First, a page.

In Williamsburg, where I tutor, the average household income according to Point 2 Homes is about $84k a year and the median income is $51k. It’s safe to say that in the neighborhood where some of my kids live in The Oosten whose cheapest rent for a one bedroom is about $3,500, that a lot of their parents have the financial means to afford test prep classes. At my center, fourteen weeks of classes (one class per week) is about $2,000 for individual prep and around $1,500 for group prep classes. This does not include the $75 charge for each class that’s added after the allotted fourteen are used up.

District 19, where my middle school is located, has a median household income of about $62k a year but 40% of the district earns under $50k a year according to Census Reporter. My middle school was made up almost entirely of low-income black and brown kids, but those of us in the gifted program had dedicated parents who supported us in other ways if they couldn’t do so financially.

I could probably write a whole other piece about the tiger moms I’ve witnessed at my job who ranted and raved that their child got a 76 out of 78 on their practice test rather than a 78 out of 78. I could also reminisce about the parents in my middle school gifted class who would flip tables over their child’s 98 GPA dropping to a 97. In their eyes, gifted children got into the best high schools and colleges and those schools didn’t want 97s. They wanted 100s.

But what really makes a child gifted though?

I decided to reach out to the National Association for Gifted Children (NAGC). Jeff Danielian, the Teacher Resource Specialist and Editor at the NAGC described the gifted decision process in an email as:

The entire country is split into something like 14,000 school districts, all doing different things. Some have funding and some do not, some mandate identification and some do not, some do gifted ed and some do not. You can be identified as gifted in one district in Maryland and move to Denver and not be anymore, or it could be in the next town over. There are many options that schools have for having eligibility, and these can be something as simple as a test or IQ score, with a strict cut off or it may be more of a multi-criteria approach, where parent/teacher surveys are given, creativity tests administered, essays written, inventories taken, etc. The biggest thing I tell folks is that there must be a connection between the criteria and the program. The question should be “What are you identifying for?”

In New York City, the G&T test that is used for pre-k aged children up to children eligible for second grade is the NNAT and the OLSAT. The NNAT is a visual test where children are tasked to figure out color and pattern based puzzles. It’s used to access their nonverbal reasoning abilities. The OLSAT is the verbal half that accesses a child’s ability to retain learning tasks and follow directions.

Perhaps in New York City, administrators are identifying for children who excel at visual, aural, and verbal learning skills. However, when we think of how equitable this is for all children, one can’t ignore that tests broken up into visual and verbal sections are rather unfair for children who aren’t visual and verbal learners.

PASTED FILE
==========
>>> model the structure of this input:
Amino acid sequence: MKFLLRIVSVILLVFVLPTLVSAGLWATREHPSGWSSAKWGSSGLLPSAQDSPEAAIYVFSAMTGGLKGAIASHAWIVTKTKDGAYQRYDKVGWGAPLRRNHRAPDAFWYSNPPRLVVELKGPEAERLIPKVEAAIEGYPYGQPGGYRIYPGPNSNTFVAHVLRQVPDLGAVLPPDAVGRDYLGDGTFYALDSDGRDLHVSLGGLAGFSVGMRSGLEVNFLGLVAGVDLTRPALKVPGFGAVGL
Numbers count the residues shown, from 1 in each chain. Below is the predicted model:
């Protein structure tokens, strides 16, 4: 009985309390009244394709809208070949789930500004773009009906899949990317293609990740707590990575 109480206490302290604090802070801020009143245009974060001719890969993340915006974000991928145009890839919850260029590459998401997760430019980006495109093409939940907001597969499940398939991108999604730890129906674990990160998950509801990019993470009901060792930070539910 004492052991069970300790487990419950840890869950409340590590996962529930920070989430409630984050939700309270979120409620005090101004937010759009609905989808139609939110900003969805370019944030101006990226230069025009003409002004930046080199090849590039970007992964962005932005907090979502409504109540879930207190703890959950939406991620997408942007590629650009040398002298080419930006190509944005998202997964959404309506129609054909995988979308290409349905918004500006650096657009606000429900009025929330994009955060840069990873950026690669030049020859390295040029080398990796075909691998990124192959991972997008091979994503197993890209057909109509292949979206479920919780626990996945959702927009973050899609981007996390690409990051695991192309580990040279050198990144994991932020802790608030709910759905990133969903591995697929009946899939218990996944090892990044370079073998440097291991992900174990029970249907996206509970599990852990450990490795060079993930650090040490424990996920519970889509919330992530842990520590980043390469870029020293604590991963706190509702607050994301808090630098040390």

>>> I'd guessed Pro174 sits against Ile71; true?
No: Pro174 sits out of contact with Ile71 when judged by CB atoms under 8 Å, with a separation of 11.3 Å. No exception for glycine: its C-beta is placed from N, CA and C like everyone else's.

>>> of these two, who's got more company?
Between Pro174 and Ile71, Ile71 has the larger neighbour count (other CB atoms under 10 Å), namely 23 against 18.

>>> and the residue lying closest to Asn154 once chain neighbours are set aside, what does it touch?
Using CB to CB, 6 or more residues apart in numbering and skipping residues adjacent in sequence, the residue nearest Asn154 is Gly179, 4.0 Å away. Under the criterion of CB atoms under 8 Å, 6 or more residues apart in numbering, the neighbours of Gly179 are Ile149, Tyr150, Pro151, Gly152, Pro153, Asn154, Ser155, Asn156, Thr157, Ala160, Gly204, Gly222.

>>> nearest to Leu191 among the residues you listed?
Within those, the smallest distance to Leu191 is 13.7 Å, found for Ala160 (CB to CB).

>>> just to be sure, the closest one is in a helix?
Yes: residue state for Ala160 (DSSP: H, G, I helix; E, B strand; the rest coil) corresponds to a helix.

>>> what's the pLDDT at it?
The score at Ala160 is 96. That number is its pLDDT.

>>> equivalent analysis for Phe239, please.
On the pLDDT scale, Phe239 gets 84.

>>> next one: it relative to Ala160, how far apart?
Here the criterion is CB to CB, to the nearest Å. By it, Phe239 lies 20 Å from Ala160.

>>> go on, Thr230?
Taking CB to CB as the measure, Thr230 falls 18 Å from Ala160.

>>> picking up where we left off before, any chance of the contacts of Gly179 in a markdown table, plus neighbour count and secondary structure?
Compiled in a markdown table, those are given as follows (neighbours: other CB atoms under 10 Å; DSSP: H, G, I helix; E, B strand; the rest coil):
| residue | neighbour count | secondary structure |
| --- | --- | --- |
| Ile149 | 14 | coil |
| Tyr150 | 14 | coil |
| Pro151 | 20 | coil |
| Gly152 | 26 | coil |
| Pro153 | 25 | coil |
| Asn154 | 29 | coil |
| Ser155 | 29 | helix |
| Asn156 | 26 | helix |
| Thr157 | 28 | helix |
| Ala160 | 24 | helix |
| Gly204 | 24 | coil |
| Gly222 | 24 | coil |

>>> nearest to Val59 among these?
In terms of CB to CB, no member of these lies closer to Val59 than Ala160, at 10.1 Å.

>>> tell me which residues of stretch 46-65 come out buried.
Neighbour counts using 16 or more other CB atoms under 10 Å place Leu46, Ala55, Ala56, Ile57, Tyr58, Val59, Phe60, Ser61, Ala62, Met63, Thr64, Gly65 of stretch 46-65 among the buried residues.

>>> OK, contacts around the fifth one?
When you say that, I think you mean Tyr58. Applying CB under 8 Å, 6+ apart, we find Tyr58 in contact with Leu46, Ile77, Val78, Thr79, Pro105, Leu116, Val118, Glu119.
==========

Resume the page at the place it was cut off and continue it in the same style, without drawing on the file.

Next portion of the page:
I remember having a student who would excel at the NNAT portion of the test because he loved doing puzzles and was a visual learner. However, he would struggle with the aural/verbal part of the test because he wasn’t the type of child who could comprehend something by just listening to it. He needed to see a picture or have words in front of him, something that is not present in the administering of the OLSAT.

Jeff Danielian offers the reality that there are multiple different types of gifted requirements and identifiers. This can be a blessing and a curse. In New York City, the answer to what exactly makes a child gifted seems to be rather ambiguous.

On my phone call with Dawn Graham, an Associate in Education Improvement for the New York State Education Department, she said:

“Statewide there is a requirement for a screening of students. One of them is to identify if a student is gifted. Then the superintendent is notified and then the parents are notified. But after that, there is nothing as far as a mandate or requirement for instructional programming in any district in New York State. So what happens is each district can define if they want to offer a gifted and talented program and how much of a program they want to offer.”

According to Dawn Graham, New York City, which represents a little over 40% of the schooling population in New York state, has its own structure and requirements for what they want to do and identify as gifted and talented.

I reached out to the DOE’s gifted and talented admissions office along with their press spokesman for clarification and received no reply. On the NYC DOE Gifted and Talented page, they define G&T as:

Gifted & Talented (G&T) programs are one way that New York City supports the educational needs of exceptional students. Our G&T programs vary in approach, but they all offer specialized instruction and enrichment opportunities.

This is the only definition for what gifted is considered in New York City and, as for what the webpage offers, this only applies for children who take the NNAT and the OLSAT, something that not all children and parents know about or participate in. I was a gifted child but my parents never got me tested as a child. Granted, I was always in the top class in my elementary school days but I didn’t have this label of “gifted” applied to me officially until middle school.